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Aug 27

Titles: A Rose By Any Other Name…

By Melinda VanLone | Photos , Thoughts

flower, garden nature, rain, water, drops

 

… might stink to high heaven.

For the last year, I’ve been giving birth. Not exactly of the human variety, but it’s felt like it. I’ve written a novel. There, I said it.

I am a writer, and I’ve written a novel.

The labor was over a year long (can you imagine?), and involved a lot of pain. However, at long last, my baby has been born. I fed her, nourished her, bought her cute outfits, and now it’s coming to the point where I will have to let my baby grow up and move out of the house. She’ll head out into the cold, cruel world where hopefully she’ll help someone, somewhere, escape into another world for a day or two.

The problem is, I’ve struggled with what to call her. She’s had a lot of nicknames over the past two years and too many rejected names to count. You can tell what point I was at in revisions by the title on that particular manuscript (yes, I do save all the versions). One of my favorites is “Generic Title”.

For the last few weeks I’ve been giving myself a lecture. It went something like this:

“If you don’t put a title on this damn thing you can’t put it up on Amazon and nobody will ever read it.”

I know. I know. But nothing seems to fit.

“At this point it doesn’t matter if it fits. You can’t tell people about it if it doesn’t have a title. It’s the first thing people want to know.”

Yes, but…

“Pick something. Anything!”

But it can’t be just anything. It has to be perfect!

“Nothing is perfect. Perfect is code for “never”. Did you spend two years with this story so that it never saw the light of day? Did you write it just to hide it from everyone?”

Well, no.

“Then give it a name! Then get off your behind and write another story. People are waiting!”

Sigh.

Yes, I do have these conversations with myself.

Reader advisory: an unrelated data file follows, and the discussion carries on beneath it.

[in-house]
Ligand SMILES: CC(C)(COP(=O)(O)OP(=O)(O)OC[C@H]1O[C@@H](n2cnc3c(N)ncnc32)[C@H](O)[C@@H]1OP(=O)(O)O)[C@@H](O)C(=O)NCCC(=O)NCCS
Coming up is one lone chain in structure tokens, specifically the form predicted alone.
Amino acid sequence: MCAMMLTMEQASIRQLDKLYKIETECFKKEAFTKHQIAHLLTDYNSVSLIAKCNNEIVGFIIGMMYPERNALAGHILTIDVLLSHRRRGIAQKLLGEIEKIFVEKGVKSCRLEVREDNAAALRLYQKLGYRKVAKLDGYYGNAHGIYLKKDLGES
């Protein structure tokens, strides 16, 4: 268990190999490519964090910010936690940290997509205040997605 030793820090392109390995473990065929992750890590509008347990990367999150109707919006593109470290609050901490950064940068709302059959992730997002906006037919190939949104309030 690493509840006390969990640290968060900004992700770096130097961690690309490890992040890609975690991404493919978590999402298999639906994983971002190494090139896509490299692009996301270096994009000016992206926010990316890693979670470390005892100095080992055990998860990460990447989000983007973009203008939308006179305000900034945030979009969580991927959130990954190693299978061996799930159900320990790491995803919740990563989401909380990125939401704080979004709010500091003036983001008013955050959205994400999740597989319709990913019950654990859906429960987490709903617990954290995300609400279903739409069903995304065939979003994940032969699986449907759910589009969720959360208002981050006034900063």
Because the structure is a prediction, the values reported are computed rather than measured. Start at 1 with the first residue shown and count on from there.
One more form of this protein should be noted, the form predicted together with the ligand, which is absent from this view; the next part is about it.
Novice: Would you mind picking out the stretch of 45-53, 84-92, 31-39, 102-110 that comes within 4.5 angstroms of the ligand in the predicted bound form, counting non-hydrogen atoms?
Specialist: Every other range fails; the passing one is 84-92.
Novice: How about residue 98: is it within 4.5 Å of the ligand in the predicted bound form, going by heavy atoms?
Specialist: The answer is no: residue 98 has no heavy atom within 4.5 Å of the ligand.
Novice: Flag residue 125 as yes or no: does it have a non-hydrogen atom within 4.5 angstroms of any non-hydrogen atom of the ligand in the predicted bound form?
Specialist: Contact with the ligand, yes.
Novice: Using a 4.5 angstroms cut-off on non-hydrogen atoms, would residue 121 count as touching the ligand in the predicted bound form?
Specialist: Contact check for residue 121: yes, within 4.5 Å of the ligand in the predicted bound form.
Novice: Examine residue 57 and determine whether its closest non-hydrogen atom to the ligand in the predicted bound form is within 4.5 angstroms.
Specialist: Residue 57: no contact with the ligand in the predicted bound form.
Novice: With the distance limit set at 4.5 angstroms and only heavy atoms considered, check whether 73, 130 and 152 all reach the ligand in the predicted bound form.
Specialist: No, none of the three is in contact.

And then I did what I imagine every girl in this position would do. I polled my friends. Some hadn’t read the story, some had. I got all kinds of feedback, for which I’m extremely grateful. In the end, though, I realized that just with any child, the responsibility of giving it a name is mine. I’ll have to live with it for the rest of my life, and I’ll worry about my poor baby getting teased and taunted about it at school. But, for better or worse, I must name her, and stick by it. And her.

I angst over character names, too, but this is ridiculous.

However, I believe I have landed on a title. I think it’s a good one. I think it fits the story, and pulls together a theme that runs throughout. Hopefully everyone else likes it, too.

Curious?

Here it is. *gulp*

 

 

Next week I’ll start a blog series to introduce you to the main characters, and to reveal the cover.

To those who helped me decide on this title, thank you. To those who have experienced all the different iterations, I apologize for being flighty. I swear the next story I write, I’ll think of the title first.

But I don’t promise not to change it!

 

Jul 27

Book Review: Liquid Lies by Hanna Martine

By Melinda VanLone | Book Review

I picked up this story Hanna Martine on a “you might also like” recommendation by Amazon. I hate to admit it, but they were right. I really liked this story. I was fascinated by the concept of elementals embodied in a race called Ofarians. The main character, Gwen (a surprisingly normal name for someone so exotic) can literally become liquid. Is she the Lie? Maybe, maybe not. The title really refers to a bottle of magic which they sell secretly across the world. Their entire race has blended into our society and become rich by selling this magic, which basically is bottled Glamor. Want to look young without Botox? Take a drop of Mendacia (lies). It hides your age. It doesn’t fix it, it merely conceals it from everyone else. I bet it would sell really well in certain circles.

Gwen has never asked how the stuff is made. She hopes to find out one day, because it’ll mean she’s finally accepted as a top leader among her people. This story is a classic case of be careful what you wish for, because when she finds out it rips her world apart. Through every hardship, though, she’s a strong person who sticks to her moral code no matter what the personal consequences. She’s a person to admire.